Antiproton count hints at dark matter annihilation

New analyses of data from Space Station’s AMS experiment show signs of elusive cosmic mass

AMS experiment

ANTIPROTON ODDITY Two teams of researchers report possible signs of dark matter in data from the AMS experiment on the International Space Station (shown). Some of the antiprotons detected by AMS could have come from dark matter particles annihilating one another in space.


Whiffs of dark matter may be blowing in on a cosmic ray breeze. Antiprotons streaming down on Earth from space could be hinting at the existence of the invisible substance, two teams of researchers suggest.

Particles known as cosmic rays are constantly whizzing through space. These particles include protons and their antimatter partners, antiprotons. While antiprotons are produced in run-of-the-mill processes like particle collisions, additional ones could theoretically be birthed when dark matter particles annihilate one another.

In two papers in the May 12 Physical Review Letters, the two teams — one from Germany; the other from China and Taiwan — analyzed antiprotons detected by the Alpha Magnetic Spectrometer, located on the International Space Station. When dark matter’s contribution was included in predictions of the numbers of antiprotons expected, the calculations better matched the data, hinting that some of the antiprotons might come from dark matter annihilation.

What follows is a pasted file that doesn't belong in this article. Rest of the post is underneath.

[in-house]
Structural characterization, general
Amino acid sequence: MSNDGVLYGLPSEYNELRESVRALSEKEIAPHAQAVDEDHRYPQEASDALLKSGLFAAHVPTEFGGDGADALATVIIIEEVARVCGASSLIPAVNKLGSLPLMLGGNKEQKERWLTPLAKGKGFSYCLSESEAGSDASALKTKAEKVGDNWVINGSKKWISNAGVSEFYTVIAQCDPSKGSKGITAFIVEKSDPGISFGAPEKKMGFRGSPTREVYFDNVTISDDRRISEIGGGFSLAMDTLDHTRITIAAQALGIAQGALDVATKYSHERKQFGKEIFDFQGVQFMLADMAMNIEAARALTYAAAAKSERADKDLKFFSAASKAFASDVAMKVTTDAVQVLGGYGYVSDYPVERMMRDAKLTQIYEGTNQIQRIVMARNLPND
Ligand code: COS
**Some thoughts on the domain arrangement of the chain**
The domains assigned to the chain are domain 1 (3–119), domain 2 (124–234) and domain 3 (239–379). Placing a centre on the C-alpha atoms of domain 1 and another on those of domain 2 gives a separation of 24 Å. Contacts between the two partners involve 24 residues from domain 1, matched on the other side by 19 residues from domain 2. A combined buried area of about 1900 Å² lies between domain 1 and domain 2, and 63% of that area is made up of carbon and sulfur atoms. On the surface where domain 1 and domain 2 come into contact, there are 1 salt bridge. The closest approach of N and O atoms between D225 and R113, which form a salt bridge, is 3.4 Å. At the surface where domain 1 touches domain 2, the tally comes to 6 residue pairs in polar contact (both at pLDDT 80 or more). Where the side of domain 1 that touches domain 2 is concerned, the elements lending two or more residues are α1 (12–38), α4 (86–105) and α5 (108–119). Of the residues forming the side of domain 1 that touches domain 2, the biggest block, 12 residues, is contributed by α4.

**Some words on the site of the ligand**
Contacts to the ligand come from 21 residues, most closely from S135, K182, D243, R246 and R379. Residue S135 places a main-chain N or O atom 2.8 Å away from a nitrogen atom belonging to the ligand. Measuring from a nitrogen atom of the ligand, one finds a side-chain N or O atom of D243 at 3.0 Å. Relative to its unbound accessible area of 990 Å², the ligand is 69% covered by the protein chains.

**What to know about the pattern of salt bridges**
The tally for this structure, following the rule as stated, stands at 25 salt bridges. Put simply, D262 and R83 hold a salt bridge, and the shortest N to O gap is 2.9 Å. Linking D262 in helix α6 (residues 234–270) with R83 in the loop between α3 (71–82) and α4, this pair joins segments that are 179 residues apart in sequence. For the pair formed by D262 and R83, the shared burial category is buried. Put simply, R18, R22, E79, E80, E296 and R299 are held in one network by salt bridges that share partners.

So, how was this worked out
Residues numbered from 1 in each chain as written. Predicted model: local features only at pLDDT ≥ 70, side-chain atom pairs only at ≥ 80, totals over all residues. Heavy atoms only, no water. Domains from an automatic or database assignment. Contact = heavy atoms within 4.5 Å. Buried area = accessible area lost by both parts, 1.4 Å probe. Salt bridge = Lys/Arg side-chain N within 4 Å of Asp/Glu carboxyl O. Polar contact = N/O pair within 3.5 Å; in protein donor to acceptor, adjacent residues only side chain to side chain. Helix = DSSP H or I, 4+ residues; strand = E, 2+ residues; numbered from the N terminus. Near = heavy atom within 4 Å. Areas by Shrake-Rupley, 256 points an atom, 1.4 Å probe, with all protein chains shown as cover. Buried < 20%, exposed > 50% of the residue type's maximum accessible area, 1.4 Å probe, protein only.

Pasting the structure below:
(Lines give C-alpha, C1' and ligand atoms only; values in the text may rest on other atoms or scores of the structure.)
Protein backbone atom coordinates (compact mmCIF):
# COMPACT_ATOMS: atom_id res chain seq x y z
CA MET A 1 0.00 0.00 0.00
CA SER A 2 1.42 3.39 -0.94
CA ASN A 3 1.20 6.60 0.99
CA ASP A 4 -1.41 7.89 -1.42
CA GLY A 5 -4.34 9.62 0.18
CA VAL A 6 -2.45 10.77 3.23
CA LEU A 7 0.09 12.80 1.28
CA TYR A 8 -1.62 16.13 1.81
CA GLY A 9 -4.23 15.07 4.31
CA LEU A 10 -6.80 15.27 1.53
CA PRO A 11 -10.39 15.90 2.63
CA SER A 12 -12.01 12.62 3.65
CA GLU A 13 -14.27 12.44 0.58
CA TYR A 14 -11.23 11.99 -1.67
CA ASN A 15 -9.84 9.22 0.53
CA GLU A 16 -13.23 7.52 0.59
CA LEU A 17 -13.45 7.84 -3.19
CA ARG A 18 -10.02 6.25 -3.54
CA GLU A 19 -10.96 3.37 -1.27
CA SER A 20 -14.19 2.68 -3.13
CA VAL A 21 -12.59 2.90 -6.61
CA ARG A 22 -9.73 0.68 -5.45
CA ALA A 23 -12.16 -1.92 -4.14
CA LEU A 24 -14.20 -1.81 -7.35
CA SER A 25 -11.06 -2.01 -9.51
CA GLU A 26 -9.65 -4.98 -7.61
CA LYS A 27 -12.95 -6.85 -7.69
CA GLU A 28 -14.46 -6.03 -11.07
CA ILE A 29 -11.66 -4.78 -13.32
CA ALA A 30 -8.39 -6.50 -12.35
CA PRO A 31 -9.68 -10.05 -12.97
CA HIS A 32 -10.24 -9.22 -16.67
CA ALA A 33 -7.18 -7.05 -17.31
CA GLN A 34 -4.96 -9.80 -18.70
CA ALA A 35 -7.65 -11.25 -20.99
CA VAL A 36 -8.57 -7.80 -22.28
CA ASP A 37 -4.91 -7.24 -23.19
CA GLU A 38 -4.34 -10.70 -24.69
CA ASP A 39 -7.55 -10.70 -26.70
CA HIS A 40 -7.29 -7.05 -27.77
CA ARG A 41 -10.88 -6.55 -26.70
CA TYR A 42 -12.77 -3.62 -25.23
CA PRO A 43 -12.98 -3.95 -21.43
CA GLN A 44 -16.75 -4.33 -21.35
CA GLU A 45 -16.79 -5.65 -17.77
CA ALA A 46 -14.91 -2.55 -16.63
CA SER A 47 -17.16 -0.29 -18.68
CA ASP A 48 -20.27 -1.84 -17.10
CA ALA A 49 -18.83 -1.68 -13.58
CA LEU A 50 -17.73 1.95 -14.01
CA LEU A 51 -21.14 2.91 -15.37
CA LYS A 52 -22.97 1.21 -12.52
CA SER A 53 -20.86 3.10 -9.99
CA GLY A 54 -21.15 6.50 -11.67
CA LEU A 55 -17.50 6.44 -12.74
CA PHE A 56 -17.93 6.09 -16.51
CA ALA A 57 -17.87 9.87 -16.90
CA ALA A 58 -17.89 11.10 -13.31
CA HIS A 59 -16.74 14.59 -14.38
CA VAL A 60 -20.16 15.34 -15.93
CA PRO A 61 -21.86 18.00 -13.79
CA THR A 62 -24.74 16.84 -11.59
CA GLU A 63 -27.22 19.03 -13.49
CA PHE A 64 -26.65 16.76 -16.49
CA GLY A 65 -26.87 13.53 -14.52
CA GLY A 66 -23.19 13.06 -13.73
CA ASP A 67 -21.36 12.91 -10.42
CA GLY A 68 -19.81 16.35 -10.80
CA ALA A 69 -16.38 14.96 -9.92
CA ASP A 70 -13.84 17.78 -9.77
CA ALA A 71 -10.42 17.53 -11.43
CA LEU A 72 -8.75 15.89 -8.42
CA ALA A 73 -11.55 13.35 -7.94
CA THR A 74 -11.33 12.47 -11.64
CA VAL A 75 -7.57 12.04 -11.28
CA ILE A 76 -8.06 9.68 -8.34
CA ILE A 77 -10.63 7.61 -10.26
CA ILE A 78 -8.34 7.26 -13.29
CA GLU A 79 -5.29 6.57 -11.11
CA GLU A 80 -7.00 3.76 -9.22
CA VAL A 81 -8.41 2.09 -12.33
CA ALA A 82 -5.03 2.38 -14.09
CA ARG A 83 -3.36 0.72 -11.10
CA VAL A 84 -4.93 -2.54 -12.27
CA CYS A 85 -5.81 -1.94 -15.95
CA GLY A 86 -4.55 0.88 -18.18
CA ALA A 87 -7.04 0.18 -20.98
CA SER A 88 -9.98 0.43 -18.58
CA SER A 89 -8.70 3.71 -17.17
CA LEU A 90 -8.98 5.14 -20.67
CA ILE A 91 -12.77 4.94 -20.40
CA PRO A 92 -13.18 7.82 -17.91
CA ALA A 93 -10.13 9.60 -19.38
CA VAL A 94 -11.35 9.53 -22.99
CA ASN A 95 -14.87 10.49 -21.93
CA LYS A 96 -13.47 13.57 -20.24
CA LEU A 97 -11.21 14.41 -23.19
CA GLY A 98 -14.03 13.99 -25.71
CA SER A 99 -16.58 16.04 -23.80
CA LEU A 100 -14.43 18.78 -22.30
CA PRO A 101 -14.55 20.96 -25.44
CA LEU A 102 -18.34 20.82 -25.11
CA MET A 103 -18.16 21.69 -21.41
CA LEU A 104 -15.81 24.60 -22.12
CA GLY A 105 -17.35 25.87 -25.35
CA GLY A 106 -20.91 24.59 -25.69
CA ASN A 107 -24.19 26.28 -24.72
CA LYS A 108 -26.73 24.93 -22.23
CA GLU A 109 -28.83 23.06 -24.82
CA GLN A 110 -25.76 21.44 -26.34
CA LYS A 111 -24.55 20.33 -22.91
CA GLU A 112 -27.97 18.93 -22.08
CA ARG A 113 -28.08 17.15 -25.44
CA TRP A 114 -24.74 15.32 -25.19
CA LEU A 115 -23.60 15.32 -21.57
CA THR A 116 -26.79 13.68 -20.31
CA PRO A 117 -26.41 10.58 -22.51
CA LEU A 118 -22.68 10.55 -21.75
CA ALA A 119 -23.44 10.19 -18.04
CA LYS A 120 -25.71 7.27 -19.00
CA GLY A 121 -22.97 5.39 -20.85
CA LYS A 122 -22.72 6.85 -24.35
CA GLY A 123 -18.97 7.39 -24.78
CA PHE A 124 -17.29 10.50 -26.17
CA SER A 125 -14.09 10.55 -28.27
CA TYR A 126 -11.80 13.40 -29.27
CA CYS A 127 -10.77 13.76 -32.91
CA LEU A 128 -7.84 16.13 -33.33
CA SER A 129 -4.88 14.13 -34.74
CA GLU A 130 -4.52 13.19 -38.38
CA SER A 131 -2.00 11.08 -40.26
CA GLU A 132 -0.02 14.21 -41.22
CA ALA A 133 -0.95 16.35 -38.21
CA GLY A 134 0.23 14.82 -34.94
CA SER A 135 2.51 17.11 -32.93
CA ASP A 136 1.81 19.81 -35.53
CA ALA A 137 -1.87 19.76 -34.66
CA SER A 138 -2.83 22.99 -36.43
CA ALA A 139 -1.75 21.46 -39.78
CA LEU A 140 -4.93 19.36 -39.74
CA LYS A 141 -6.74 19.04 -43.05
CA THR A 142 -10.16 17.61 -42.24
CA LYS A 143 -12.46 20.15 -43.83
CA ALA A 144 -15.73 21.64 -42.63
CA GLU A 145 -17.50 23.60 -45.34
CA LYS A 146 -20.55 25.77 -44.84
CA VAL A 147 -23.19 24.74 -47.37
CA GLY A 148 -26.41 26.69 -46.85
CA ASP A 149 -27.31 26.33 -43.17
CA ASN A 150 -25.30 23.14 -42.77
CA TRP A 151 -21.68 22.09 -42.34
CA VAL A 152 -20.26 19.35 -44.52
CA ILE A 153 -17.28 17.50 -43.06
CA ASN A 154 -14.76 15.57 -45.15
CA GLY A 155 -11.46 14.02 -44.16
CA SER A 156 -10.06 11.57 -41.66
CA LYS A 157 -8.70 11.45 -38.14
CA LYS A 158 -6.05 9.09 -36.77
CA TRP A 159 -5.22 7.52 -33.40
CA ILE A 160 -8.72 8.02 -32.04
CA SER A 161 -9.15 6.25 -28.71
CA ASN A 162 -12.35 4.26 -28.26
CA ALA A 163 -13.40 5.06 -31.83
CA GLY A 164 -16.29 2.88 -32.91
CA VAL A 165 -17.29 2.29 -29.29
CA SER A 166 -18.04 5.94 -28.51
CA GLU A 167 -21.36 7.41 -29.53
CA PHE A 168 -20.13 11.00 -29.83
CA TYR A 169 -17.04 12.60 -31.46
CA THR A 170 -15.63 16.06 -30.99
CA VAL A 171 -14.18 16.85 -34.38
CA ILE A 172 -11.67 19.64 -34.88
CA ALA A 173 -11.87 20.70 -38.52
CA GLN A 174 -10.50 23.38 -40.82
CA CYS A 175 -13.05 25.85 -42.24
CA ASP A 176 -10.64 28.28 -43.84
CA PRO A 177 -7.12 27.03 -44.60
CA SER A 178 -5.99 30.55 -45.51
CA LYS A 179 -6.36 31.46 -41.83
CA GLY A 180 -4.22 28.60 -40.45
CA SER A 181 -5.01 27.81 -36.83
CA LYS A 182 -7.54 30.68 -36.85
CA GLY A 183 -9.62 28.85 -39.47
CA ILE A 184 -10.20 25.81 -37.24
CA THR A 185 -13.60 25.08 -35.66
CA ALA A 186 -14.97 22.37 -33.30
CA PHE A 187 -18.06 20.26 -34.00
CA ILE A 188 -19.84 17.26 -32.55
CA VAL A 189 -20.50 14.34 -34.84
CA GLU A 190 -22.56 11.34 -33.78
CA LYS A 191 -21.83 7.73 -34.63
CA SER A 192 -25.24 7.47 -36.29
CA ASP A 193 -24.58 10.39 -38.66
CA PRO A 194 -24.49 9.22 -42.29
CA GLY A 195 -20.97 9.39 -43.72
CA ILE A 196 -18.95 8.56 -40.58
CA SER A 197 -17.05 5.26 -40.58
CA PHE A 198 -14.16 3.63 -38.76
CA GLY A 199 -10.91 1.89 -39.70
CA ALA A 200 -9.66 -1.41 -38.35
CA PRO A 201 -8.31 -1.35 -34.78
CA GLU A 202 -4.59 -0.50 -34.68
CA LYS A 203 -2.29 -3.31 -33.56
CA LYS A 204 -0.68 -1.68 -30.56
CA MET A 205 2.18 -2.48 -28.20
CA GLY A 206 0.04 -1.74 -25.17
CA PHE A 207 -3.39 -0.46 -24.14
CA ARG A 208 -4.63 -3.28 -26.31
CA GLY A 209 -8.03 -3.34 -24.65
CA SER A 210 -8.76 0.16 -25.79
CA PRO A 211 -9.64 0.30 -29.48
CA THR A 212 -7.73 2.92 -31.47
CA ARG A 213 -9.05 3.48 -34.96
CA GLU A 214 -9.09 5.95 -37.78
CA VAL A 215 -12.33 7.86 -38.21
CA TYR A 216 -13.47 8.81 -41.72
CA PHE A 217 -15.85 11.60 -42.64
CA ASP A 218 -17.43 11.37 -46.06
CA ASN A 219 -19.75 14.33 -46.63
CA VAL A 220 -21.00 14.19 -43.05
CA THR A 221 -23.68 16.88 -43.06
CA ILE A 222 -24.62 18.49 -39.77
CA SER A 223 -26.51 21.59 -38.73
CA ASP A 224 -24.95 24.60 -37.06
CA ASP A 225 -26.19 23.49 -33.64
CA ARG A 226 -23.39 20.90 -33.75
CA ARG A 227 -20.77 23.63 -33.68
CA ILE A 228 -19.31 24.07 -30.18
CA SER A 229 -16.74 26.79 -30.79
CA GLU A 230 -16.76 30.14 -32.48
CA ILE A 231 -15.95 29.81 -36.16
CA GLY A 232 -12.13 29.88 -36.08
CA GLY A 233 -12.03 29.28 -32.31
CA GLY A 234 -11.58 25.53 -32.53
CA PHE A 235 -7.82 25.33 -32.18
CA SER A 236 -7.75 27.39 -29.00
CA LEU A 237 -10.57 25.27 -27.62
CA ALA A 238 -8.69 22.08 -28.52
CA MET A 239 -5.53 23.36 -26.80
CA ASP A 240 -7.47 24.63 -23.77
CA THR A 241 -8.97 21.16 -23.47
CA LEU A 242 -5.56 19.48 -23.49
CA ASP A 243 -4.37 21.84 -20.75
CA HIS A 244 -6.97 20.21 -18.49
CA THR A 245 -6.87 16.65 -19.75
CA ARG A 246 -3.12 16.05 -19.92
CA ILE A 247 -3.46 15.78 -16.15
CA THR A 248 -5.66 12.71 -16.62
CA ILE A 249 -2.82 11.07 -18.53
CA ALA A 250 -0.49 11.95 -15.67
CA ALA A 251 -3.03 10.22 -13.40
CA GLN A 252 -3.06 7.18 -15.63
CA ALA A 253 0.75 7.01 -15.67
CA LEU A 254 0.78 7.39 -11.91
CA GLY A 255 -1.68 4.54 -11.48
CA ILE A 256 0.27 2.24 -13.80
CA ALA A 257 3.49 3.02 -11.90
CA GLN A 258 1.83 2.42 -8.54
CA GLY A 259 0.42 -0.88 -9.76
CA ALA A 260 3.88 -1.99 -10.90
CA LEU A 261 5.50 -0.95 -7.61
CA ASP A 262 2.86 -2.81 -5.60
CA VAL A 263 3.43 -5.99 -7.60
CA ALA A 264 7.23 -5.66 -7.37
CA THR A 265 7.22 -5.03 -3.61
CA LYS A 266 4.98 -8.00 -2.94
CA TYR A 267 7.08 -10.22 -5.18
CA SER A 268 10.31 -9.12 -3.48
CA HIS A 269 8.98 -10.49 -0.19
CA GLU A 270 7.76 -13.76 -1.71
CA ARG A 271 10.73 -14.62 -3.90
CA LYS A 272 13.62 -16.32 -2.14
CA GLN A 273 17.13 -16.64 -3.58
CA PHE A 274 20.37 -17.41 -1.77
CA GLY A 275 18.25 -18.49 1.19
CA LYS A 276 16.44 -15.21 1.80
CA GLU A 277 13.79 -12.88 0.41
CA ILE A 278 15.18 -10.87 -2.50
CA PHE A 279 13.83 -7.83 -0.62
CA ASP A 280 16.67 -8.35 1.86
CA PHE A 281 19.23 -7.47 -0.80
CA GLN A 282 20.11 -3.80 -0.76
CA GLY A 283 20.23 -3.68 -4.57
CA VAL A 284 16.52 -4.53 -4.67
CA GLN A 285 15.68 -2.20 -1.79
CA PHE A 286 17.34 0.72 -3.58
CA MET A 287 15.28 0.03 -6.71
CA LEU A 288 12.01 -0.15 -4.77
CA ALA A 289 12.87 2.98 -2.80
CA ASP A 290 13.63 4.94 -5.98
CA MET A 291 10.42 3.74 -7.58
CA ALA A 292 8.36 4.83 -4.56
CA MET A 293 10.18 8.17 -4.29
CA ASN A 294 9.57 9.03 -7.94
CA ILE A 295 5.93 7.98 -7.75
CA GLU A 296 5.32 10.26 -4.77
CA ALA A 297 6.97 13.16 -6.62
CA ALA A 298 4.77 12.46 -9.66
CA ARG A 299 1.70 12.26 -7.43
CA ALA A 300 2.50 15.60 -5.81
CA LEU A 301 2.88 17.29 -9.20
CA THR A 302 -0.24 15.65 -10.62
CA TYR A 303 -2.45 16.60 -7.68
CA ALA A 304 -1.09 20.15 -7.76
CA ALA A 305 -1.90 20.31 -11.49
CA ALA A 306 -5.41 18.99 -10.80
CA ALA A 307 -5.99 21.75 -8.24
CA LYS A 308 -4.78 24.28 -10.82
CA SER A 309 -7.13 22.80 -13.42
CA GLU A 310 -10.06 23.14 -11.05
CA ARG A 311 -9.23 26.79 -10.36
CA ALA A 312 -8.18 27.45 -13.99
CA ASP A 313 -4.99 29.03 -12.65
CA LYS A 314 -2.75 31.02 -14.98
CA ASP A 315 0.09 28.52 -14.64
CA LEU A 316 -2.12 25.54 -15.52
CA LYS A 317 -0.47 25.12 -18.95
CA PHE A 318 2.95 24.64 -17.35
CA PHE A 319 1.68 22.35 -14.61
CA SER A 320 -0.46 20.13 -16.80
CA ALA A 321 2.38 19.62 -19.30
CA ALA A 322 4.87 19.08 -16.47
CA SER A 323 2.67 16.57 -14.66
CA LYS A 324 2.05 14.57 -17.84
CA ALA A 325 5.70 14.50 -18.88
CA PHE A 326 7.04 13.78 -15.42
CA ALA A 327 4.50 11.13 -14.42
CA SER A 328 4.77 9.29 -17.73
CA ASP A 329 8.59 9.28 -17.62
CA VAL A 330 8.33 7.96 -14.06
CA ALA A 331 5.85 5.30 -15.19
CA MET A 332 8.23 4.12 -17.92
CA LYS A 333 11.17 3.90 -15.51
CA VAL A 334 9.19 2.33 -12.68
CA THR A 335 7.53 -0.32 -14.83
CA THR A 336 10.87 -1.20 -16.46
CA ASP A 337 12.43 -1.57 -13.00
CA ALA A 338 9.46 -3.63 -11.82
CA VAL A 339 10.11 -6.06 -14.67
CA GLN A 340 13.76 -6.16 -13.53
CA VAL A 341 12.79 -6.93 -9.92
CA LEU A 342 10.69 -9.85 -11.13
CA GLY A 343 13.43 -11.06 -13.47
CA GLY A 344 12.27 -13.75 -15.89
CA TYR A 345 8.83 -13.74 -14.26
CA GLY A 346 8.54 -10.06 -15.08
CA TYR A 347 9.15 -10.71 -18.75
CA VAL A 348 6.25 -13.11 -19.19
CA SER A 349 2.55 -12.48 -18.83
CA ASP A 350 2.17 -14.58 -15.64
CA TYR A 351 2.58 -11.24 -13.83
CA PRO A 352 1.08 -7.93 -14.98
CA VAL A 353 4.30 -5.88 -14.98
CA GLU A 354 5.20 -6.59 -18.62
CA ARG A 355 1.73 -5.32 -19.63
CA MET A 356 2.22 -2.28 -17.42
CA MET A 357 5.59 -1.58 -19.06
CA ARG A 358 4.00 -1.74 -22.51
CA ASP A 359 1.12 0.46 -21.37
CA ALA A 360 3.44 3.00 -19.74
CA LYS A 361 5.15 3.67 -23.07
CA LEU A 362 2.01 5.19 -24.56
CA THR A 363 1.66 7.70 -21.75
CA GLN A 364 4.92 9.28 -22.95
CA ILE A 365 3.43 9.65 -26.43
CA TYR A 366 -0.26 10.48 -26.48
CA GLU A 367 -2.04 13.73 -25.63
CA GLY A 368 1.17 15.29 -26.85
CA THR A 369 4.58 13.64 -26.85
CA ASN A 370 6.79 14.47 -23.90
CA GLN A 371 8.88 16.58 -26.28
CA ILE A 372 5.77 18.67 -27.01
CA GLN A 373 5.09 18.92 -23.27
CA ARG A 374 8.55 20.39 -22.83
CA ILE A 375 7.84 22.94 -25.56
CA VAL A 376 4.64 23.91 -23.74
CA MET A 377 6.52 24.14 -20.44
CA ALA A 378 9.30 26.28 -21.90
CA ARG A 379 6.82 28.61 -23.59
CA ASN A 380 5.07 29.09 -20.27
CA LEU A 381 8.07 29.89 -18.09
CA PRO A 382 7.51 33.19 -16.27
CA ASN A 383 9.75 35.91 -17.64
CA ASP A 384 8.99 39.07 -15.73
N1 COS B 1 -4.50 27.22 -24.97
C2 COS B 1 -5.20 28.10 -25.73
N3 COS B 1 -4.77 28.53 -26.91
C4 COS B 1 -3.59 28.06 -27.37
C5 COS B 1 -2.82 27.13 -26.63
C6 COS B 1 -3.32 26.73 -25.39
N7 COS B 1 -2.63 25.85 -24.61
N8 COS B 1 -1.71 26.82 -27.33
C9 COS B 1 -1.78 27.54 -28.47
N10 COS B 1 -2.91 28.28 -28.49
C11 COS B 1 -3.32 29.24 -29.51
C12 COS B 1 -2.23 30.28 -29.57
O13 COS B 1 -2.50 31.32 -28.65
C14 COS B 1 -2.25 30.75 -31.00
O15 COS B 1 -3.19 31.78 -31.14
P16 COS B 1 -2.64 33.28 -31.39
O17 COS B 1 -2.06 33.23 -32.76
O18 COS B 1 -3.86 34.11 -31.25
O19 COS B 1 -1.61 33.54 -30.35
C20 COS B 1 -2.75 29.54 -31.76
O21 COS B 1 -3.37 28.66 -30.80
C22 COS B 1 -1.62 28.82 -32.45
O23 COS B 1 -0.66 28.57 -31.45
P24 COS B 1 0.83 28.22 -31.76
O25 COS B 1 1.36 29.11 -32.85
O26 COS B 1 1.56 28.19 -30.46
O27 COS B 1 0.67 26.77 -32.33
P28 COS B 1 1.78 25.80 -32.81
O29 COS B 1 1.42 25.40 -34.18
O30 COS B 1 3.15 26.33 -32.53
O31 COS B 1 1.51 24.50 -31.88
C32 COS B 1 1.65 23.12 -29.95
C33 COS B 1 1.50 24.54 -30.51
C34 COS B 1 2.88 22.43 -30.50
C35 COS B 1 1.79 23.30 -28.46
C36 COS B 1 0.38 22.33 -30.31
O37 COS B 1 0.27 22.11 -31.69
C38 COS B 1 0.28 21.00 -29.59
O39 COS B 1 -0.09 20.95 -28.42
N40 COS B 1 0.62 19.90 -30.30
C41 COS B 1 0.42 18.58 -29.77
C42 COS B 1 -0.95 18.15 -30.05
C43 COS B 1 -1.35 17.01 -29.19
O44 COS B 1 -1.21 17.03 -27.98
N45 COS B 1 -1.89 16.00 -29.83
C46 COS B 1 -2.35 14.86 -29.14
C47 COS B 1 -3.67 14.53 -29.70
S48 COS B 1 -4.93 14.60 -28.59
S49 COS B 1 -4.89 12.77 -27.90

The results agree with another potential glimmer of dark matter: a glut of high-energy radiation, known as gamma rays, seen in the center of the Milky Way. “That could just be a coincidence,” says theoretical astrophysicist Dan Hooper of Fermilab in Batavia, Ill., who was not involved with the new analyses. But “it does look pretty encouraging to me for that reason.” Other physicists, however, have recently questioned the gamma rays’ link to dark matter (SN Online: 4/24/17).

AMS previously spotted another potential dark matter hint: an overabundance of positrons, or antimatter electrons (SN: 5/4/13, p. 14). But some physicists believe that excess can be explained by more mundane sources, like spinning stars called pulsars.

Physics writer Emily Conover has a Ph.D. in physics from the University of Chicago. She is a two-time winner of the D.C. Science Writers’ Association Newsbrief award.

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